Oscar-winning films postpone release, deny online premiere in China amid outbreak
By Wu Yan

Oscar-winning films "Little Women" and "Marriage Story" announced to postpone dates of release in China amid the novel coronavirus outbreak and denied a streaming platform premiere.

Oscar films postpone release due to virus

"Little Women" canceled the release slated for February 14, Valentine's Day, and will choose another date to meet movie-goers after the epidemic is over, according to the announcement by Sony's Columbia Pictures on its Sina Weibo official account.

Sony's Columbia Pictures announces to postpone the date of release in China for "Little Women."

Sony's Columbia Pictures announces to postpone the date of release in China for "Little Women."

The announcement came after "Jojo Rabbit" rescheduled its release for February 12 in China earlier this month, and "Marriage Story" cancelled its China release for February 28 just hours after the Oscars ceremony in Hollywood on Sunday.

The three films, which failed to win Best Picture but did earn other golden statuettes, were expected to gather a lot of attention and respectable box office sales in China.

Adapted from the world literature classic of the same name, "Little Women" has the fame of both the novel and stars such as Emma Watson and Timothée Chalamet, who are well-known to the Chinese audience.

Familiar to Chinese movie-goers as Marvel Comics character Black Widow, Scarlett Johansson was nominated for Best Actress for her role as a wife in "Marriage Story" and Best Supporting Actress for her role as boy Jojo's mother in "Jojo Rabbit."

Missing Valentine's Day may be a big loss

February has been traditionally seen as a box office peak of the whole year in China, as it often coincides with Spring Festival when people have time and the mood to watch films together with family members and friends.

Last year, the February box office surpassed 11 billion yuan (1.6 billion U.S. dollars), with 650 million yuan garnered on Valentine's Day.

The unveiling of the Oscars is another benefit for winners. Last year, Oscar Best Picture "Green book," which hit the big screens in China on March 1, seven days after winning the Oscar, garnered 470 million yuan, the highest grossing for any Oscar Best Picture winner.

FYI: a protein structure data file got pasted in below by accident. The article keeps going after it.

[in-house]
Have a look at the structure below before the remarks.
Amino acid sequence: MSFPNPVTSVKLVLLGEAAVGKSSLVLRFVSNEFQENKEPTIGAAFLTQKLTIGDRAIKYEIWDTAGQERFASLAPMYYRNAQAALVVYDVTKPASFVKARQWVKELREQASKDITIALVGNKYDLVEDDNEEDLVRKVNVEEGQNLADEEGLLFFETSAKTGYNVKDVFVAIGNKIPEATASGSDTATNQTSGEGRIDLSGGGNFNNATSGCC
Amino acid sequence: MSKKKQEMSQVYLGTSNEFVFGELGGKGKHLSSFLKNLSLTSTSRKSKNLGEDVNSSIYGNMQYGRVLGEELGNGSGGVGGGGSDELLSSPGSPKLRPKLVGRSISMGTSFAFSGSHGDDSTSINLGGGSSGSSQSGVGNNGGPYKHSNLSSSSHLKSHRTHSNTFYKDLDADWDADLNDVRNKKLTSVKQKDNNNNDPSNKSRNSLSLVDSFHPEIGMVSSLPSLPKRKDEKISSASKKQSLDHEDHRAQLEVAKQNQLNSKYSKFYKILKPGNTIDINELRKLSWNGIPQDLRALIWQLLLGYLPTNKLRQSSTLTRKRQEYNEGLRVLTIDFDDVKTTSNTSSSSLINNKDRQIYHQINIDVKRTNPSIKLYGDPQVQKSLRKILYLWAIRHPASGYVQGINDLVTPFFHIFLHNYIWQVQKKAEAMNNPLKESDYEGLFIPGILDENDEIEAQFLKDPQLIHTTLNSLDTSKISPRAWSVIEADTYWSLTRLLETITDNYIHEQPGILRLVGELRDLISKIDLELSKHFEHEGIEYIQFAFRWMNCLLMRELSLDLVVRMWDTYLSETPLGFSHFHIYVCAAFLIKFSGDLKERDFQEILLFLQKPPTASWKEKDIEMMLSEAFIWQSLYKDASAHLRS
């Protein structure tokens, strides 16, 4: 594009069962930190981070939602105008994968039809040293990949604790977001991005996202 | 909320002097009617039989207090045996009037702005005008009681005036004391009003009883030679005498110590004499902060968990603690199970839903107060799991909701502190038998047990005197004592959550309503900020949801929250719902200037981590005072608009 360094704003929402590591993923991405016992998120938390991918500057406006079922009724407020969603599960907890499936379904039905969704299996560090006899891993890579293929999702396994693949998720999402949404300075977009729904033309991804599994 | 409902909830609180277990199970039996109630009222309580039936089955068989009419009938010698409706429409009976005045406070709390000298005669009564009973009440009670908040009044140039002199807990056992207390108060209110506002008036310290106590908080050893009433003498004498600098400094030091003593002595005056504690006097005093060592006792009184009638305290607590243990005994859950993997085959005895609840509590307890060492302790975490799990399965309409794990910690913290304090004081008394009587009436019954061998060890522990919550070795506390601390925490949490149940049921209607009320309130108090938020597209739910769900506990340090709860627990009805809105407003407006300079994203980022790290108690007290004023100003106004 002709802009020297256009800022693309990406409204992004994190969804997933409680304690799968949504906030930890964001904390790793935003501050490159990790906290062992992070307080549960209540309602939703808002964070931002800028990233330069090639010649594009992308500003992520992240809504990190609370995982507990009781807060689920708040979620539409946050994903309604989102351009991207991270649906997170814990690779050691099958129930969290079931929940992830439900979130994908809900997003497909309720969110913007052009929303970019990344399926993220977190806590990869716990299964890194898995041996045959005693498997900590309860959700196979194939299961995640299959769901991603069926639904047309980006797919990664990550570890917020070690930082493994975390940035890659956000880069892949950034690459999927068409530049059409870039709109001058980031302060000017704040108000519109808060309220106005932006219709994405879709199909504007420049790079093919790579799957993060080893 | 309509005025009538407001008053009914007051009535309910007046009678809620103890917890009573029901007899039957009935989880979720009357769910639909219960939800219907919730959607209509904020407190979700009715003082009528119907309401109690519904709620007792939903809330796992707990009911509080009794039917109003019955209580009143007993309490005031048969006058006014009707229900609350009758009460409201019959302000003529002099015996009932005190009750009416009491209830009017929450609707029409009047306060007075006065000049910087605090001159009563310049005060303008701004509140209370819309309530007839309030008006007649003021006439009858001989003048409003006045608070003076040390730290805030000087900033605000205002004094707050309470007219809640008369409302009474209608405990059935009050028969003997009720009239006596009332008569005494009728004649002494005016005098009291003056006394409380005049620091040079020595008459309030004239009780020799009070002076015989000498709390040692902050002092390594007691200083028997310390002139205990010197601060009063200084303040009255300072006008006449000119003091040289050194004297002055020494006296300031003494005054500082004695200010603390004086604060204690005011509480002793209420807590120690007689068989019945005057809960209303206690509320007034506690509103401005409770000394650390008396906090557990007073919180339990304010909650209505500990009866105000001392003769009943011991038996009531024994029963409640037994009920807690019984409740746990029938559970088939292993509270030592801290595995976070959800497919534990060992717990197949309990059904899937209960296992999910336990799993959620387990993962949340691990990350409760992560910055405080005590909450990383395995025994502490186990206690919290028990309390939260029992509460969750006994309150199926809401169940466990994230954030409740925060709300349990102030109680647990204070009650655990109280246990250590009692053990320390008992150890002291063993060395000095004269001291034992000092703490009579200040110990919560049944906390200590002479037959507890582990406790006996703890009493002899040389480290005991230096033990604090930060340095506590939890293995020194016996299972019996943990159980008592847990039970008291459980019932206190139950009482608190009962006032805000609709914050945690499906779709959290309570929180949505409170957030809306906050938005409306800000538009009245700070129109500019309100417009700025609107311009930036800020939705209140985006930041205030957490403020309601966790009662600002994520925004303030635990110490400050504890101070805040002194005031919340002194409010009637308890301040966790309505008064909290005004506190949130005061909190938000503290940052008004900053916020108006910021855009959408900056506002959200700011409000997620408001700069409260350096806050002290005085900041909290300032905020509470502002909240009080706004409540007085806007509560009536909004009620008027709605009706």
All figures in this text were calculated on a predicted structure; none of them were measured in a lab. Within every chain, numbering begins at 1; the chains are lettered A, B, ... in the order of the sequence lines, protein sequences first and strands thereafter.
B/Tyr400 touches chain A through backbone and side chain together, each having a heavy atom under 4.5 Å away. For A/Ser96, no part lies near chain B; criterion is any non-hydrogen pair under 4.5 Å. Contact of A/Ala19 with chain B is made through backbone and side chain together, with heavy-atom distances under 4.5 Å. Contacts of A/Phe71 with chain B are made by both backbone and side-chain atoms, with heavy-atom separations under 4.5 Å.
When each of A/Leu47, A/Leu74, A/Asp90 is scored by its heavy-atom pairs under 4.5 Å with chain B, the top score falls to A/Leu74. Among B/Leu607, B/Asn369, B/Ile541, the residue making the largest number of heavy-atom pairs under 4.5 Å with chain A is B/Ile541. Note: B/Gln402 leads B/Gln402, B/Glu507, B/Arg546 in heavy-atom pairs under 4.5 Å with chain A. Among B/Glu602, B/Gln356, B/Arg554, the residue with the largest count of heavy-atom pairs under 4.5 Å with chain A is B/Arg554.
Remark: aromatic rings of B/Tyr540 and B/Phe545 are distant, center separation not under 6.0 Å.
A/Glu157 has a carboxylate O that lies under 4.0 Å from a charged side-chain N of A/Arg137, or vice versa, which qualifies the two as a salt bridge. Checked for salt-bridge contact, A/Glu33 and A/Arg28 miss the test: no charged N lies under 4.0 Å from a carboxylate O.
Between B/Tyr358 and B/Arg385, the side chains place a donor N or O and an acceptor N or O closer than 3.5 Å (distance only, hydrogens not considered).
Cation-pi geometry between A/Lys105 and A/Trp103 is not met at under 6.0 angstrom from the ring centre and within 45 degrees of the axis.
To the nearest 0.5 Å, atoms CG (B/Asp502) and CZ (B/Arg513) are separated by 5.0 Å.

This year's Valentine's Day is just four days after the Oscars' unveiling. But because of the epidemic, most cinemas have closed down to prevent spread. 

If the situation continues through the whole month or even longer, the postponed Oscar-nominated films may find themselves in a highly competitive environment against formidable contenders that missed Spring Festival and Valentine's Day releases, and will be caught between a crowded film schedule and financially constrained audience.

Is online premiere a way out?

A still of film "Marriage Story." /VCG Photo

A still of film "Marriage Story." /VCG Photo

Stressful home-made films have struggled, and some made unexpected moves to save themselves.

On the first day of Chinese Lunar New Year, family comedy "Lost in Russia" premiered for free on Bytedance-owned platforms, including Douyin, or TikTok, becoming the first-ever Chinese film to give up its coveted Spring Festival release.

By selling its online screening right to Bytedance for 630 million yuan, it gained both profits and the favor of viewers who were disappointed for having no new films to watch, but drew anger and boycott from cinemas.

Seeing the benefits, Chinese Kungfu icon Donnie Yen's new film "Enter the Fat Dragon" also moved to streaming services but for paid viewing on February 1.

On the day the Oscars were awarded, rumors spread online that Oscar-winning films will cancel their theatrical release and launch online premieres.

In response to speculations, "Little Women" and "Marriage Story" claimed respectively that the films will not premiere on streaming platforms ahead of offline screenings.

(Cover image: A still of film "Little Women." /VCG Photo)